Q: If a plan sponsor has 60 percent of its savings and investment fund in GICs, what should it do? Should it diversify? Should it take huge market losses by cashing in some of these contracts? Or should it just sit there with white knuckles, hoping the insurance industry will stay together?

CHAIKIND: The first thing to do is to educate employees and participants. They don't really understand all of the issues, including the risks, and may well be making the wrong decisions in how they place their funds. They should know that, long term, a GIC option will probably underperform a bond fund option by I to 2 percent a year and a stock or equity option by 3 to 4 percent. If you can't use your own staff to educate employees, I recommend you hire consultants. If employees were properly educated about GICs, you wouldn't see 70 to 80 percent of their money go into this option.

Second, if you think you have problems with a GIC carrier, I recommend you negotiate your way out of the contract. If the insurance company can't make good on your contract, and you don't cover the claim, your employees might well sue you, and that could be disastrous. Besides, you may not have to sustain a loss by cashing out, because most GICs were bid out at higher rates than are currently prevailing. So you might even be able to unwind GICs at premiums to the value they reflect in your books. An important element here is what your plan document will allow you to do.

Q: What is the difference between state certification of insurance companies and federal regulation that would do the same thing?

CORCORAN: The problem with the federal government doing the regulating is that every four or eight years its philosophy changes. This brings a change in the will to regulate, which is what happened in the Reagan years.

The insurance industry in the 1980s did have problems in California, but there was no regulatory collapse in New York or illinois, the other major insurance centers. Those state regulators were not out to lunch. I prefer a state system, because it gets you out of the political realm. Financial regulation does not belong in the political realm. It does not belong in the cowboy mentality that real men don't need regulation.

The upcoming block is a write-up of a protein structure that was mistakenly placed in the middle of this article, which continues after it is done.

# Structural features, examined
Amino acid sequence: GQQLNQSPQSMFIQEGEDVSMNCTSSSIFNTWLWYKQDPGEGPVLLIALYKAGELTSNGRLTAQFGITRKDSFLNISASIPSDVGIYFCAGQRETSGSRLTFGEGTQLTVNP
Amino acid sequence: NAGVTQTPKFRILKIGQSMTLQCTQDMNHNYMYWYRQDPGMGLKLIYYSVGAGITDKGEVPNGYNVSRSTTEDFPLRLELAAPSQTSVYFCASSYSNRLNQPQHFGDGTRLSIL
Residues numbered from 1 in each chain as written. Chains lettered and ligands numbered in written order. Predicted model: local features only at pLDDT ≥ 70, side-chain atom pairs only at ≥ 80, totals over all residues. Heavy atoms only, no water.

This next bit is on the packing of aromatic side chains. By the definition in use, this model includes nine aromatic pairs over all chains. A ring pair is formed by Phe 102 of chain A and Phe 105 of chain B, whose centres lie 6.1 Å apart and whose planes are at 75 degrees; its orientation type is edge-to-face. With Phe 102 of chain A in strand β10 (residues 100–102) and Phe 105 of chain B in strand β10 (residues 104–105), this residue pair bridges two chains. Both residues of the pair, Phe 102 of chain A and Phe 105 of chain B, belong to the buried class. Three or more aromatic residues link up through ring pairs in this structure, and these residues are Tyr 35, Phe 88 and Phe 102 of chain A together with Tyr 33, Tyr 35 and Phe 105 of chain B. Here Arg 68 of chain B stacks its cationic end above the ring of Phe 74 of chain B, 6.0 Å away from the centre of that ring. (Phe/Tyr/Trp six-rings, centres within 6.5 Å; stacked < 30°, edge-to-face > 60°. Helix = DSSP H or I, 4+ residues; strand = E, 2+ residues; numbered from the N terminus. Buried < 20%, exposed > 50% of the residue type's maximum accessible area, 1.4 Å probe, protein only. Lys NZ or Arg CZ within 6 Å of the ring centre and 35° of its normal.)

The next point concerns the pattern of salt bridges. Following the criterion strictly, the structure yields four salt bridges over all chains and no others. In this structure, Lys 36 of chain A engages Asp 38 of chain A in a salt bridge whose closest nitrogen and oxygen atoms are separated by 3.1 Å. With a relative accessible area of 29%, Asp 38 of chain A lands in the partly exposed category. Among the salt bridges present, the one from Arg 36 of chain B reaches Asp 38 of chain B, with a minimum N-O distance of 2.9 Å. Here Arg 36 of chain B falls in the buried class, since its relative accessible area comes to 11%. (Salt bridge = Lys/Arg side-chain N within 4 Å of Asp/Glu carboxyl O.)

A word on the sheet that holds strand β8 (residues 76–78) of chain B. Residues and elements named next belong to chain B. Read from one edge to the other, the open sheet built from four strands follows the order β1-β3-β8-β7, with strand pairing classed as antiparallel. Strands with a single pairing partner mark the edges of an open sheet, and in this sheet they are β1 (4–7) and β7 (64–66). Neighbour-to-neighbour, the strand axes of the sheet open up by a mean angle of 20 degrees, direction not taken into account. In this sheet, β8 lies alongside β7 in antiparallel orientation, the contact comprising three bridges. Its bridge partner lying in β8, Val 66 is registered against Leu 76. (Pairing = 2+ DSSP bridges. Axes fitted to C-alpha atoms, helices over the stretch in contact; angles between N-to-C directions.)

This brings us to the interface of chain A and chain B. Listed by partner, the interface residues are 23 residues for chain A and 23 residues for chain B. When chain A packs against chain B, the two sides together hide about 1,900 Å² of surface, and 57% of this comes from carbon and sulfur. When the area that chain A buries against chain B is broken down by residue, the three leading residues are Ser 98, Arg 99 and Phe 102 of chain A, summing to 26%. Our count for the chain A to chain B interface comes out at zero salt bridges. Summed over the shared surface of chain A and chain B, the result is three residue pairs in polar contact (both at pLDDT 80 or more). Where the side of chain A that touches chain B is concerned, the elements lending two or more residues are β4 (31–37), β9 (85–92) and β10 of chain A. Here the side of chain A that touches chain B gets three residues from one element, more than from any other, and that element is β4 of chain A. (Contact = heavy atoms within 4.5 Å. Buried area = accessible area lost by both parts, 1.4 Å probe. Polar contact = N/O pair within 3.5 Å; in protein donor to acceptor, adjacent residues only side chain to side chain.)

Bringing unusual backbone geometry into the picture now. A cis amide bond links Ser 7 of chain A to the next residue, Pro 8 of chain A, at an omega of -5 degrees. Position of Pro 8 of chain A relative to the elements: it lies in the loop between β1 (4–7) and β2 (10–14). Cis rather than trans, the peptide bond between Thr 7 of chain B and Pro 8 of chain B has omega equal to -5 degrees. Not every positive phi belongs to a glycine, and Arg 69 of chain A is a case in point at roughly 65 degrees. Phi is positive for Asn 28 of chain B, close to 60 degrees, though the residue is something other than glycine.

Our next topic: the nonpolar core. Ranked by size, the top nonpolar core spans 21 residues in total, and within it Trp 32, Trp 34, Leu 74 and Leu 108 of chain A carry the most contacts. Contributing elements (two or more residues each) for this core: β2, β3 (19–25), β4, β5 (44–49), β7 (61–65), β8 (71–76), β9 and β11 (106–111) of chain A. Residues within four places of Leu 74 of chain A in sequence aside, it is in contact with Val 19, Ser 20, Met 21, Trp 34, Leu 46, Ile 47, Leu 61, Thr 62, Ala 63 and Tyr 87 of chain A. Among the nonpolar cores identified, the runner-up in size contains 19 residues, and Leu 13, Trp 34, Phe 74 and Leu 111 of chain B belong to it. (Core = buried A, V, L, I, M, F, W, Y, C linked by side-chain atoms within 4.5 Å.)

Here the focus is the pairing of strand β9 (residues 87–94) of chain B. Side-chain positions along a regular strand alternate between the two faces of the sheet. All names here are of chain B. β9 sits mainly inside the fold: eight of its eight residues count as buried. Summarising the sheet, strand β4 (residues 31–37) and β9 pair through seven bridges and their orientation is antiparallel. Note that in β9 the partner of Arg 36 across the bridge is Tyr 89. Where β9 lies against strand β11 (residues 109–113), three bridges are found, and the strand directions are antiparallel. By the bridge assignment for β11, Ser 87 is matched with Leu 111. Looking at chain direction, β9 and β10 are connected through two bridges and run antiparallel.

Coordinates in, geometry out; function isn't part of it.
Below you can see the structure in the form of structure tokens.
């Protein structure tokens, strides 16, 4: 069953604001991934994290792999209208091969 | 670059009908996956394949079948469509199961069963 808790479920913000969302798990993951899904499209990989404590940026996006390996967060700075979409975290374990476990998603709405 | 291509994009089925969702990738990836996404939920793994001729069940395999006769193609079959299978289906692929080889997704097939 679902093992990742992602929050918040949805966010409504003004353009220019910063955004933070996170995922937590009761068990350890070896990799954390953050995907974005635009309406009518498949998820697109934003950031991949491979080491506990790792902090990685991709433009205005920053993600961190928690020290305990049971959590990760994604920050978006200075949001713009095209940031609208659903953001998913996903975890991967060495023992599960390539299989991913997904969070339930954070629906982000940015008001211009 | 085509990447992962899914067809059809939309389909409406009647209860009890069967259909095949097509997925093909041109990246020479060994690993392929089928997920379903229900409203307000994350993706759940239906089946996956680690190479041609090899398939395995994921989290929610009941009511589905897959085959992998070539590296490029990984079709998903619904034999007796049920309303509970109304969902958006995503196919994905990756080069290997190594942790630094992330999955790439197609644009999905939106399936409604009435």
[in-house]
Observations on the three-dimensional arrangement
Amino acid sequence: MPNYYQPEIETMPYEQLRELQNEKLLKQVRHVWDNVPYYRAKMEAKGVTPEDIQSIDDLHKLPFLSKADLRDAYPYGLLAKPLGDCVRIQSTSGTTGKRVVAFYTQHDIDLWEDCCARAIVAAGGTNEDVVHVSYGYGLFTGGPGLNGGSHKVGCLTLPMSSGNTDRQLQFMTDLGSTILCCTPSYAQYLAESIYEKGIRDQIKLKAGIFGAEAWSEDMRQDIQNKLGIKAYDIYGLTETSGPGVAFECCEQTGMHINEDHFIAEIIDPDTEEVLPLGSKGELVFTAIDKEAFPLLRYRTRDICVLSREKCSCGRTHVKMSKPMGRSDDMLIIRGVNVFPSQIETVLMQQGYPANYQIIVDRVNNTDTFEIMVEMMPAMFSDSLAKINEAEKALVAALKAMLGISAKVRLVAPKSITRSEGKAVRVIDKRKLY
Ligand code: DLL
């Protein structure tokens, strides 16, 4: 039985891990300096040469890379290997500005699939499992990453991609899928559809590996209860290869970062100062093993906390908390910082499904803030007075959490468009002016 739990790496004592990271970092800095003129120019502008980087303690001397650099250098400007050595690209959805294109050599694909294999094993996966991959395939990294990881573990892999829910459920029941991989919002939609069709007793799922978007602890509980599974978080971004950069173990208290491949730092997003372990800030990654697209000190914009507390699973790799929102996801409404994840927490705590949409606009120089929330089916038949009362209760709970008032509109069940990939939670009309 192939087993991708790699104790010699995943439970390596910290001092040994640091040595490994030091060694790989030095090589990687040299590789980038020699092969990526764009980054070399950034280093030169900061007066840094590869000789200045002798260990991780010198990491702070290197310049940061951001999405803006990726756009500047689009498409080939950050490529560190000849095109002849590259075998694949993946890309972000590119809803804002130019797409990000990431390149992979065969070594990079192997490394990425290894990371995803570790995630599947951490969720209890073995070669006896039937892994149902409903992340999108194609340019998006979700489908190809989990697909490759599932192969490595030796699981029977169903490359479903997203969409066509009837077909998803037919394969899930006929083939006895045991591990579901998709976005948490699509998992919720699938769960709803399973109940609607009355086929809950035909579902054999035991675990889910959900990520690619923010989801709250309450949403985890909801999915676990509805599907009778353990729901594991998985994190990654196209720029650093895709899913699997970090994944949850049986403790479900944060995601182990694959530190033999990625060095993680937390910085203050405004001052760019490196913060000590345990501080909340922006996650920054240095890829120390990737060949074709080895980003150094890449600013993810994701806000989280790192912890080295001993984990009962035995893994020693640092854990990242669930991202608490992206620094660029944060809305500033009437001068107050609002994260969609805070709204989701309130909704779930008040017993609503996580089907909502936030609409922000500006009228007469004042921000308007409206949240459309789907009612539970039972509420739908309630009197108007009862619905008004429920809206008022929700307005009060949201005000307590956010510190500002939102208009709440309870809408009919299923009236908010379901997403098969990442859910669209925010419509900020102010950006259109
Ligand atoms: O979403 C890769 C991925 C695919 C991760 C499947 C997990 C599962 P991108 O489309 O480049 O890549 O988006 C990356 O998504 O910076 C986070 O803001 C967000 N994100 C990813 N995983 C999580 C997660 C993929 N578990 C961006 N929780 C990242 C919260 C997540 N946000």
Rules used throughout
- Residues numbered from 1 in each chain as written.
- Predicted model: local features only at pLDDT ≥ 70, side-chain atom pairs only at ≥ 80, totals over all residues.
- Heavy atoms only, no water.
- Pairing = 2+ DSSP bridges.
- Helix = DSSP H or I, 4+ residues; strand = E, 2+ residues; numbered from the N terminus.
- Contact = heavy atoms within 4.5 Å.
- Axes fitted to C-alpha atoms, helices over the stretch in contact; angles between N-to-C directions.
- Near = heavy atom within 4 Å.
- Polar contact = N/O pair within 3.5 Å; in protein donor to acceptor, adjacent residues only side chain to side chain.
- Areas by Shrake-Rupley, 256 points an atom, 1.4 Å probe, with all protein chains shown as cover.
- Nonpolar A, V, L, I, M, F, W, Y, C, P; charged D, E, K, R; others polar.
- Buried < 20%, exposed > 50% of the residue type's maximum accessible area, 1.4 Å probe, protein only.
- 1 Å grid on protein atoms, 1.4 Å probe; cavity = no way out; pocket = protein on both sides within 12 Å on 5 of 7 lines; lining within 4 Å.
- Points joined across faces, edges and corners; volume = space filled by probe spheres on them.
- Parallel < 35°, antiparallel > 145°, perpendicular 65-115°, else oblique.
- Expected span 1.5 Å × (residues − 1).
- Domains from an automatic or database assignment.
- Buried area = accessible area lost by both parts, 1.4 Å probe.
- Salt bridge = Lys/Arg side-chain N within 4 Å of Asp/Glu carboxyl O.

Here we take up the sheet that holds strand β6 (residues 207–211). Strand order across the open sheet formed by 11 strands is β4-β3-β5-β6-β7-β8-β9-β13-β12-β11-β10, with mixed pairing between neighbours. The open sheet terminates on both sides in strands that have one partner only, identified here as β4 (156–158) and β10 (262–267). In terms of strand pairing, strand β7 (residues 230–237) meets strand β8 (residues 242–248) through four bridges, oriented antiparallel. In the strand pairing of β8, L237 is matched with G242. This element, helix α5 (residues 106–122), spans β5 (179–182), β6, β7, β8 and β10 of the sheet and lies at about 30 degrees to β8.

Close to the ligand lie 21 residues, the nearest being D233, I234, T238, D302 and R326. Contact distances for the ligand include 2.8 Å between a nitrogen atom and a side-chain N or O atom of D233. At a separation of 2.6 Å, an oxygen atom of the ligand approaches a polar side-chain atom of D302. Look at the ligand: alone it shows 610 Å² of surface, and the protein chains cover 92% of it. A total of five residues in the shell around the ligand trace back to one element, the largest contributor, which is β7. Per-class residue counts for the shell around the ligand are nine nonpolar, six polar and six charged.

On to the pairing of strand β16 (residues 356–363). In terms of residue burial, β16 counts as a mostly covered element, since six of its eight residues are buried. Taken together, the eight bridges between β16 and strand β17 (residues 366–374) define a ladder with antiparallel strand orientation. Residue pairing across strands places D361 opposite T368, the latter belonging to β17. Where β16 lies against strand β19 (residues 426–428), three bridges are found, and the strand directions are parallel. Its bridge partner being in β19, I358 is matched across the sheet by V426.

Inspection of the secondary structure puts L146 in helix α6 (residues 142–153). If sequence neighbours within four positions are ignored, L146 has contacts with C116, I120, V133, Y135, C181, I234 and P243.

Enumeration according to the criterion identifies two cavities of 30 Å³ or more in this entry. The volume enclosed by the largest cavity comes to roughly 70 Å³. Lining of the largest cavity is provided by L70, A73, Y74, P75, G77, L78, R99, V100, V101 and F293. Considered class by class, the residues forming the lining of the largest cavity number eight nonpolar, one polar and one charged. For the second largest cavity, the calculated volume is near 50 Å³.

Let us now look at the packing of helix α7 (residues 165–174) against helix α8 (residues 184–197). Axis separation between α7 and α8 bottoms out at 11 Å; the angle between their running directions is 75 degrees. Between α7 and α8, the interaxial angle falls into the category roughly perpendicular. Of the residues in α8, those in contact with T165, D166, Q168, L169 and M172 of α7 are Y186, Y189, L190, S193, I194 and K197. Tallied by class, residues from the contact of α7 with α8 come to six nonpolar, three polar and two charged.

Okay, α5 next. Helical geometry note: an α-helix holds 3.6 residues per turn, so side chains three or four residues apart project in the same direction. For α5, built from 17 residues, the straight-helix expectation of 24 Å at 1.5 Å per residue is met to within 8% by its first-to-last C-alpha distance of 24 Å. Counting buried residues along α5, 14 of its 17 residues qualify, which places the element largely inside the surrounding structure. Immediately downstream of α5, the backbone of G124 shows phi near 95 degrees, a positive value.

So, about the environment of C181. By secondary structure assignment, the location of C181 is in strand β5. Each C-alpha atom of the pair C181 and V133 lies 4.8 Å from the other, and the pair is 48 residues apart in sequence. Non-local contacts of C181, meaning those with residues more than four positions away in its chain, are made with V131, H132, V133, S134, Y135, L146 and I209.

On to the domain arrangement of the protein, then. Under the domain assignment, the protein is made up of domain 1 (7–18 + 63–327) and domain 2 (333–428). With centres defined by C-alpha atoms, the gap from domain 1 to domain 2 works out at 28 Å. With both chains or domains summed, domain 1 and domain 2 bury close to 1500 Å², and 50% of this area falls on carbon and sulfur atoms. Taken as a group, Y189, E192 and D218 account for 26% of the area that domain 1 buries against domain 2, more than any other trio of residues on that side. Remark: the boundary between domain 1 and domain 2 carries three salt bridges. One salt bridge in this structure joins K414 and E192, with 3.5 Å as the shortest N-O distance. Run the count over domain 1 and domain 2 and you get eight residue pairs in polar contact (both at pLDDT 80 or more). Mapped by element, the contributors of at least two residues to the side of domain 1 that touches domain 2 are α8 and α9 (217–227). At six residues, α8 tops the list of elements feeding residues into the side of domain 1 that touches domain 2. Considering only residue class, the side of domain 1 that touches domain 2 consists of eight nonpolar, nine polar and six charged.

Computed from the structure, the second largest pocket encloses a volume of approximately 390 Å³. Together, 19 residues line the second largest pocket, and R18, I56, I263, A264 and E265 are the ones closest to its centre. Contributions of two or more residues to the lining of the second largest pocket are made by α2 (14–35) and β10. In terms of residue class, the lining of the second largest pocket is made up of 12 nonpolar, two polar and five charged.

With political oversight, the whole system will go down. We screamed to Congress in the 1980s about junk bonds and the Pension Benefit Guaranty Corporation certifying terminated plans and letting them buy annuities and shift the burden to life guarantee funds. Nothing happened. Had the insurance industry been federally regulated then like the banking industry, both sources of capital would have gone down the tubes. Q: I'm going through what I would call the Executive Life experience. Why do we need to go to an insurance company at all? And do GICs really make sense? We went to insurance companies to avoid risk, but things haven't worked out that way. Why should we go to you rather than to other capital markets?

'O'CONNOR: Guaranteed investment contracts originated 20 years ago when people didn't want to be in an open-ended annuity but wanted to avoid the volatility of the bond market. Insurance companies provided a bond substitute product and provided a guarantee of a stated annual return. Over the years, the term guaranteed has taken on connotations of FDIC insurance.

Why use GICS? Because your employees like them. They work very well in company savings plans, 401k plans, and other defined contribution plans. To employees, they look and act like a savings account, and we did not have to explain to employees why the value of their savings accounts went down when interest rates went down. And for years GICs worked like savings accounts. Things broke down when we turned the GIC into a commodity and, often ignoring credit quality of issues, bought GICs from any company that could sell them.

Selected wisely, I believe GICs are still a very attractive investment. Well-capitalized insurance companies, with diversified asset bases and good credit ratings, still offer a solid product.

CORCORAN: I think the theory of using insurance companies is that by statute they must diversify investments, and that regulators exist to make sure of that diversification. With Executive Life, there was a breakdown in that diversification. Otherwise, a GIC is an ideal investment for a fiduciary plan, because with diversification comes prudence.
COPYRIGHT 1992 Financial Executives International
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Copyright 1992, Gale Group. All rights reserved. Gale Group is a Thomson Corporation Company.

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Title Annotation:Pension Fund Management; includes related articles
Publication:Financial Executive
Date:Jan 1, 1992
Previous Article:Health care: where do we go now?
Next Article:Back to basics.